|All Points West: Living outside my comfort zone|
|March 11, 2016 Frank Marquez|
One of the toughest things for anyone to do is break out of their comfort zone.
My mother-in-law, Nina, asked me several questions which got my mind stirring about how much the average American does not know about the Army National Guard, and how many times Iíve heard how thankful they are for people like me.
Most of my life, Iíve never known a comfort zone.
What will you be doing during training? Where will you be staying? Why does it have to be in South Korea?
The short answers arenít too exciting. Although the specifics are somewhat elusive because of what we need to keep under our lids; weíre nowhere near living the life of James Bond. Forget about creature comforts, tuxedos and Vodka Martinis. Iím simply doing my job. The Army calls it public affairs. I call it journalism, but more accurately and conveniently, it should have been called information management.
I stayed in so many places. I can fall asleep anywhere, even on rickety mattresses. Iíve lived in tents in the middle of a Panamanian jungle to a 5 Star hotel in the middle of Bandung, Indonesia, to living in B-huts for a year in Afghanistan. One thingís for sure, thereís always a bed. This is my third trip to the peninsula, which partly explains an American presence here. This part of Asia has historically been troubled, and is with little argument, the most war-torn country in the world, trod over by its neighbors several times. The country is technically still at war, an armistice keeping it civil since the end of the Korean War.
My journey began at 2:30 in the Friday morning, what we call ďOh Dark ThirtyĒ but long before I sat in a van heading to Denver in inky darkness, dozens of forms were signed, and large green bags were packed. My mind and body straining to remember small items like toothpaste, and the weight of the duffel handles stinging the palms of my hands. Two hours later, my fellow soldiers and I are standing in front of a ticket agent deciding whether or not to check fragile camera equipment. Two more hours pass, and weíre finally boarding a jet to Dallas. Two hours and 30 minutes later, we land in the home of the Cowboys, bleary eyed and desperately seeking a bathroom and the nearest Starbucks. I buy a bland sandwich and wash it down with a rich bold flavor of hot coffee. Another hour, and weíre packing into a huge international jet.
The pilot tells us weíll land in Incheon in roughly 14 hours. How to pass the time? The flight goes by quickly. Watching four of last yearís movies, and inhaling three tiny meals (youíd think we the giants in Gulliverís Travels) helps. My group arrives at Incheon and makes it through customs clutching important documents, our heads bobbing around at the sight of a massive airport. Itís four in the afternoon, the following day. We meet up with our active duty brethren who add our names to lists.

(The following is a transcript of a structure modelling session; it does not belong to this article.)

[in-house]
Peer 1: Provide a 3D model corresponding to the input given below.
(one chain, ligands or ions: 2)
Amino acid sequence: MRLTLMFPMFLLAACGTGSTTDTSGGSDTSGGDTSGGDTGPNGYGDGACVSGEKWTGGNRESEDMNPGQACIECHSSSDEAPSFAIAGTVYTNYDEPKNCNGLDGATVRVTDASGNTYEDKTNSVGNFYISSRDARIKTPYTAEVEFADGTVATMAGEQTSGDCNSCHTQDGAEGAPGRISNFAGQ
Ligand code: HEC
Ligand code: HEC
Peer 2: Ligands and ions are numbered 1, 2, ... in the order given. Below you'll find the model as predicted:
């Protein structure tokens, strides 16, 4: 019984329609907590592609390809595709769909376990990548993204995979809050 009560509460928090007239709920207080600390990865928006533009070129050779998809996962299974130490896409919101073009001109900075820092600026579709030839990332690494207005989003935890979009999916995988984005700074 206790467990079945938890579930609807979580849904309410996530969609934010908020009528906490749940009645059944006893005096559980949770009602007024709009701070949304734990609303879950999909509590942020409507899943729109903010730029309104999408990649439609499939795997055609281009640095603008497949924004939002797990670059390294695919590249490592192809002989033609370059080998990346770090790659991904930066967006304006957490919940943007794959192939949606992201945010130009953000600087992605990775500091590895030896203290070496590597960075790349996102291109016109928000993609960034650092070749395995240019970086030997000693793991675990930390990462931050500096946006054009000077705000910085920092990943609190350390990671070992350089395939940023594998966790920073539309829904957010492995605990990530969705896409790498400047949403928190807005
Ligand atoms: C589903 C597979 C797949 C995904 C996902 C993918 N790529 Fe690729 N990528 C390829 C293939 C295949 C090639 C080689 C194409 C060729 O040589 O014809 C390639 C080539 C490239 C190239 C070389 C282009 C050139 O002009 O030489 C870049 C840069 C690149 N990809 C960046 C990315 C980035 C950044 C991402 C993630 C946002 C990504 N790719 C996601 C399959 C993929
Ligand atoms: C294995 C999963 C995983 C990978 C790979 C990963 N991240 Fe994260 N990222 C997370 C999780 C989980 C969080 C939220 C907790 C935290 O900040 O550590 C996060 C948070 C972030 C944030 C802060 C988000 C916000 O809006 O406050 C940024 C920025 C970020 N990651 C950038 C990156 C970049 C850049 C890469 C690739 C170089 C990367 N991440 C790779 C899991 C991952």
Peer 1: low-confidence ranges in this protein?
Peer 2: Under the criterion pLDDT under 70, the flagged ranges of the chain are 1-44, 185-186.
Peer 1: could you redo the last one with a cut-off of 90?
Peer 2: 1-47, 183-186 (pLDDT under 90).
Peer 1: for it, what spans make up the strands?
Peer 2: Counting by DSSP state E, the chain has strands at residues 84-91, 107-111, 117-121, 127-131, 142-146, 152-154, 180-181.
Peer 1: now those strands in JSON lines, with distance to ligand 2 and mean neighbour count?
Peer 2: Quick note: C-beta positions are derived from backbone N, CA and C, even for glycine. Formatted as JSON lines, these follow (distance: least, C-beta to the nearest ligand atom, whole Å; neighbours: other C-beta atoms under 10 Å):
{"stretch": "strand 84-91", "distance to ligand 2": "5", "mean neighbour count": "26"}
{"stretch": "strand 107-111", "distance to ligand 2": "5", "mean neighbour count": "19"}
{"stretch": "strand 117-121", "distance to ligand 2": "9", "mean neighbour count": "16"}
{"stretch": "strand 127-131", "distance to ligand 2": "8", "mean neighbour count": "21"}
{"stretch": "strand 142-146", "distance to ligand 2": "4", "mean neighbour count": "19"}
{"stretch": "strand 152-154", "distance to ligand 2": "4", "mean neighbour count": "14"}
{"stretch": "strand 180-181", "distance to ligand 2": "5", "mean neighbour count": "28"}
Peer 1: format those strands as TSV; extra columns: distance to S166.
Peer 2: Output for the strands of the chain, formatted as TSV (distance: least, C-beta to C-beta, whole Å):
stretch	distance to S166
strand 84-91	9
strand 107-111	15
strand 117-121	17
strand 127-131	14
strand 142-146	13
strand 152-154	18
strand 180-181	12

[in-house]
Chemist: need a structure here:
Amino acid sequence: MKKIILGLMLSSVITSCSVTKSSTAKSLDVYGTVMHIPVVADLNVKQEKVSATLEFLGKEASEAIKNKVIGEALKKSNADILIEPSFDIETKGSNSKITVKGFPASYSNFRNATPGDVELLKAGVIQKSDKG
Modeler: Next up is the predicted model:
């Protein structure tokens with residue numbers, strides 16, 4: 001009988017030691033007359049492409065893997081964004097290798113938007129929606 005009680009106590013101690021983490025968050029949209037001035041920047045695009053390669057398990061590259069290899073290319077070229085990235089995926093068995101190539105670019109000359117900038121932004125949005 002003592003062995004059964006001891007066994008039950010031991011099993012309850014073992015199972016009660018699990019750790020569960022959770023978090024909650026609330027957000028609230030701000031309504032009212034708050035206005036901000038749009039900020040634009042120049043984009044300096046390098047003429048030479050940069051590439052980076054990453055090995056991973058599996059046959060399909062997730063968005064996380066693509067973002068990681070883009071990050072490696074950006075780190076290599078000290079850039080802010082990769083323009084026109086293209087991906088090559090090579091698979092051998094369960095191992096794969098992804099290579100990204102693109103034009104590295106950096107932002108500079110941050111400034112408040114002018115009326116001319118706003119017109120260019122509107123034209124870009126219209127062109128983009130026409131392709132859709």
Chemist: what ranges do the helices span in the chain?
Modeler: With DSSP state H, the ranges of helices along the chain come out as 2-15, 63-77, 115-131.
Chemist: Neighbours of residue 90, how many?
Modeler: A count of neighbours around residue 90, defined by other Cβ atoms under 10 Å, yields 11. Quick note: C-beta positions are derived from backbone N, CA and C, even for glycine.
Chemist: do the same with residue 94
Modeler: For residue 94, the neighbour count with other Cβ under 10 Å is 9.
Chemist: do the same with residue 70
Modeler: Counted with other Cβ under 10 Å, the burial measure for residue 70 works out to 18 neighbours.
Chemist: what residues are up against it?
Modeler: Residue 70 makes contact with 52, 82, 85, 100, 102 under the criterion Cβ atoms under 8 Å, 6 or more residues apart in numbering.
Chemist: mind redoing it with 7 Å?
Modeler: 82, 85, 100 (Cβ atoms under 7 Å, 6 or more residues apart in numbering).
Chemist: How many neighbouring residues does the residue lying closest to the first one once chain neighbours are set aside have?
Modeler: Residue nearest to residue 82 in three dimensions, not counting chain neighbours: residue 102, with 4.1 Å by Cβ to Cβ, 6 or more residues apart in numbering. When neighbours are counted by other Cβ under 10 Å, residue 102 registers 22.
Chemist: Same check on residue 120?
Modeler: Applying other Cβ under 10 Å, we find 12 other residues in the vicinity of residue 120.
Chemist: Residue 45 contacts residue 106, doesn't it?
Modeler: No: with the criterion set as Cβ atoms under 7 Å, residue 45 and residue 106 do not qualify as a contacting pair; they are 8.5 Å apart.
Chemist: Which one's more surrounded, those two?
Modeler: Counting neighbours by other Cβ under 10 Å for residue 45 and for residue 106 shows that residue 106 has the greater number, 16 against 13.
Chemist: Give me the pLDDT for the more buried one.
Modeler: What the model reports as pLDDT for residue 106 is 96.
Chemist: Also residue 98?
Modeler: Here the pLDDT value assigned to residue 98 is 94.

They yell our names when itís time to board busses. We wait another four hours, mostly standing around, talking about Army life, where weíve been, what weíve done. Finally, our names are called. We push our airport carts overflowing with bags out into the night mist. Like automatons, we find ourselves somehow sitting in seats. Four hours later, I arrive at an Army base in Daegu. Just past midnight on a Sunday, we listen to a welcome brief. Then, our hosts for two weeks confirm our identities. One more trip to a crowded and overflowing barracks. I unpack in darkness, conditioned by how I have done this hundreds of times, then step into an odd smelling shower for a brief two minutes. Finally, back to my wobbly bunk, and sleep. More than travel, Iíve met all kinds of people. This exercise gave Sgt. James Moore, regularly a trumpeter with the 8th Army Band, a job wanding soldiers at a security checkpoint. Iím accompanied by fellow Wyoming soldier Staff Sgt. Christopher Kirk, whose fulltime job back home is budget analyst. Our main host Master Sgt. Andrew Kosterman, once a drill sergeant at Fort Benning, Georgia, not only does his job as a public affairs specialist, but also coordinates barracks stays for visitors, yours truly included. Heís also a wealth of information about the Korean War. Just outside Camp Carroll, he said, is a monument to Korean and American soldiers atop Hill 303. Those soldiers, including several from the First Cavalry Division, perished establishing a perimeter there along a river to keep the North Koreans at bay.
Other times heís asked by his boss to drive her to Starbucks, which is just a block away. I joked that Iíve heard of worse cases of fraud, waste and abuse.
Then I think, some people must be OK with living in their comfort zone.